Government Fleet Top News

Sheriff's Office Taking Over Dispatching Duties

August 29, 2007

BROOKSVILLE, FL - Beginning Jan. 1, Hernando County Sheriff's Office dispatchers will handle police and fire calls for Brooksville in a move expected to save the city both time and money, according to

At a budget workshop Monday, the City Council told City Manager Jennene Norman-Vacha to work out a contract for the sheriff to take over dispatching the 911 emergency calls. The city expects to save $195,564 per year, said Norman-Vacha, by eliminating staff and equipment costs and by hooking into a more technologically advanced response system.

"Our studies show that it's going to be more efficient," Norman-Vacha said.

To meet the requirements of new legislation requiring property tax cuts, the city manager and her staff have been looking for ways to meet the council's target of a 10 percent budget cut.

The city has four police and fire dispatchers and one supervisor on its payroll. Although contracting the service would eliminate those jobs, Norman-Vacha said that her discussions with Sheriff Richard Nugent indicated that he would consider filling any dispatch openings in his department with the city employees.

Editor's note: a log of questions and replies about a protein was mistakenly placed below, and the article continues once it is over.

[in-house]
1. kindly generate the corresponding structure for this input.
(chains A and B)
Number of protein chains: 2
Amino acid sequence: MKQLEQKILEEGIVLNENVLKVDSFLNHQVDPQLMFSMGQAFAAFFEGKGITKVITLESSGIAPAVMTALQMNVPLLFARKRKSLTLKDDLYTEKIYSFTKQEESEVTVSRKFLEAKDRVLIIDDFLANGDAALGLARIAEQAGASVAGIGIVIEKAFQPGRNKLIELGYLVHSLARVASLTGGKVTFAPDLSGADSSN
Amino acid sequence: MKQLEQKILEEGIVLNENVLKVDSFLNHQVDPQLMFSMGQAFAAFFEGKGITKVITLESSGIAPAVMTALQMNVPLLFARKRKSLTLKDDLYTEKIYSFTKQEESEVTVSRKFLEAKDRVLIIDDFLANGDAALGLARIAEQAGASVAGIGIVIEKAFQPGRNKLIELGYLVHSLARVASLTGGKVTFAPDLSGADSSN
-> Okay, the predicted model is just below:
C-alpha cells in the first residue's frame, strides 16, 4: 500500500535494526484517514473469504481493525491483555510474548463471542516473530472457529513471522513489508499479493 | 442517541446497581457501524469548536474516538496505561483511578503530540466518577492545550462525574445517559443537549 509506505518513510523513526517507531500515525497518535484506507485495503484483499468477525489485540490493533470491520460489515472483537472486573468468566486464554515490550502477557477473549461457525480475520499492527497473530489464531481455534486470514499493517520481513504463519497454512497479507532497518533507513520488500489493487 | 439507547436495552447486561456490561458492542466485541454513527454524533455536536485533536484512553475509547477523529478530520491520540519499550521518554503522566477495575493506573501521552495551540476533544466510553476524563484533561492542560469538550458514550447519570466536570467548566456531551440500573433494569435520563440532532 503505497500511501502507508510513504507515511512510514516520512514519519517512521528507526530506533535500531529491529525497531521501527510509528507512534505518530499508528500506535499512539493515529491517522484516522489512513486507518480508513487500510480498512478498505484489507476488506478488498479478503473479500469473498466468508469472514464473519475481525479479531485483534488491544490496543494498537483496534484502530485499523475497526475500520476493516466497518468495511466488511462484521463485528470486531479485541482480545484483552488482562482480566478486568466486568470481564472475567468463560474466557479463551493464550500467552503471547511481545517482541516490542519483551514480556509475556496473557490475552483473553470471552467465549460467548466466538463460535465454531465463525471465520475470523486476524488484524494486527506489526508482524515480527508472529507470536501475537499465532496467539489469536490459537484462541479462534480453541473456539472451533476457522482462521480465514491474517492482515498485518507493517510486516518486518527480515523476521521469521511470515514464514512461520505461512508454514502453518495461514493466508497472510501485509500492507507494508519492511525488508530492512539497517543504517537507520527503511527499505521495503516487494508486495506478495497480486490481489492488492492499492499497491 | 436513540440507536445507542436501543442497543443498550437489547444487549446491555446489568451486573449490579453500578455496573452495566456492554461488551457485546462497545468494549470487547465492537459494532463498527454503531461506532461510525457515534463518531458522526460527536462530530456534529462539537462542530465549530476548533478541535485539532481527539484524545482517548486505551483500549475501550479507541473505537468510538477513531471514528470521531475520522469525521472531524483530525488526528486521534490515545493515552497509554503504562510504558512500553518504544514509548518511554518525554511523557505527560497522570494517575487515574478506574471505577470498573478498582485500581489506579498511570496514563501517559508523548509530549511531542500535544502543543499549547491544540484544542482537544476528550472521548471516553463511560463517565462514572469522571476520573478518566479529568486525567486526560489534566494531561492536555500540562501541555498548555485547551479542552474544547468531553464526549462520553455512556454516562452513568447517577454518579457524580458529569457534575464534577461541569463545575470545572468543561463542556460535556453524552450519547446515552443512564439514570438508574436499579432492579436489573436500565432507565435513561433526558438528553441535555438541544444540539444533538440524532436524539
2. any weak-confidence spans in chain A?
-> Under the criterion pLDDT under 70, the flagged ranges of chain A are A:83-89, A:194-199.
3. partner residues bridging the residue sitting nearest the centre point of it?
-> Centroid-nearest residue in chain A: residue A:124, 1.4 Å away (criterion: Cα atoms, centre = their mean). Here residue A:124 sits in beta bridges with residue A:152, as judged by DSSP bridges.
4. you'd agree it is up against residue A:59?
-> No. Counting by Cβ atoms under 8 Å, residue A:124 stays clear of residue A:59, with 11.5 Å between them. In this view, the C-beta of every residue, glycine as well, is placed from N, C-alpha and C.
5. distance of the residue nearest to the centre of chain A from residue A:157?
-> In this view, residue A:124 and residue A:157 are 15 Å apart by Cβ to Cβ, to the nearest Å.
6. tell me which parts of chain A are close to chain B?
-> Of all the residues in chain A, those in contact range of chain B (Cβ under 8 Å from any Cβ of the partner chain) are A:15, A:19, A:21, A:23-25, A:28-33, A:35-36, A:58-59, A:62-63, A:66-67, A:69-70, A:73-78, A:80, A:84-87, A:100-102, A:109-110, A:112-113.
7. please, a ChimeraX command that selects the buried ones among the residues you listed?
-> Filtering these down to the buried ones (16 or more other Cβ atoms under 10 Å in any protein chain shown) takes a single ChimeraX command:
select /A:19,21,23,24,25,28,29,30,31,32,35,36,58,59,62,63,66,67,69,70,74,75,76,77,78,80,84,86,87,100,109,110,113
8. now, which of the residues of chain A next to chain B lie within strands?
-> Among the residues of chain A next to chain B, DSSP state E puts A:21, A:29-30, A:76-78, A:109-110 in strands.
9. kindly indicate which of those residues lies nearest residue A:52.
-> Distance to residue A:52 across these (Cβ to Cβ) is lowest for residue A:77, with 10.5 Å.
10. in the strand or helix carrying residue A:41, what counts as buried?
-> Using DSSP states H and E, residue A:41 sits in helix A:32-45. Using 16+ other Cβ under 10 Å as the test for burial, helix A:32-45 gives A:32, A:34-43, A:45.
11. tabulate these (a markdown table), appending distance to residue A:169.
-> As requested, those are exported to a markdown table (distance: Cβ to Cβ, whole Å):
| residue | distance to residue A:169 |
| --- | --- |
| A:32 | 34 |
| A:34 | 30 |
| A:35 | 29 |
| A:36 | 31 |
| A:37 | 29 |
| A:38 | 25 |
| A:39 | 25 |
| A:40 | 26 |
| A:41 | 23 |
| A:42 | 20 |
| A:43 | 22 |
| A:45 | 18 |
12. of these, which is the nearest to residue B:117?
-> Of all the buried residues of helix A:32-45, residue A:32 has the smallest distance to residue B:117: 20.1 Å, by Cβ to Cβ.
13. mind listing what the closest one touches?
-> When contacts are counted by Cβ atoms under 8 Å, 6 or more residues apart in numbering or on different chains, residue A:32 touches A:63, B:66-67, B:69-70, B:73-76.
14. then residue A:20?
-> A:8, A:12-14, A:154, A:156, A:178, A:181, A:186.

The council also heard several other cost-savings ideas that members liked, including lengthening the service life of city vehicles. The initiative, which would extend the service life from five to seven years for smaller vehicles and from eight to 10 years for larger ones, would produce and annual savings about $84,000, Norman-Vacha said.

In addition, Norman-Vacha and her staff also recommended that the Brooksville Emergency Response Team BERT program be refocused toward local needs and that the city eliminate financial stipends for team members.

"We would still respond (outside of the city) when asked, but we won't be looking for reasons to go outside Florida," Norman-Vacha said.

Any savings in the 2007-08 budget won't likely end up in taxpayer pockets, however. Most council members said they would rather the city hang on to the money.

"There's a lot of uncertainty out there," said councilman Richard Lewis. In light of the possibility that Florida voters may approve a proposed homestead "super" exemption amendment in January, Lewis said he favored putting any tax savings in the city's reserve fund. "We may have a rainy day and we don't know if we'll need it," he said.

Mayor David Pugh agreed, saying, "As much as I'd like to lower taxes, I don't think we can right now."

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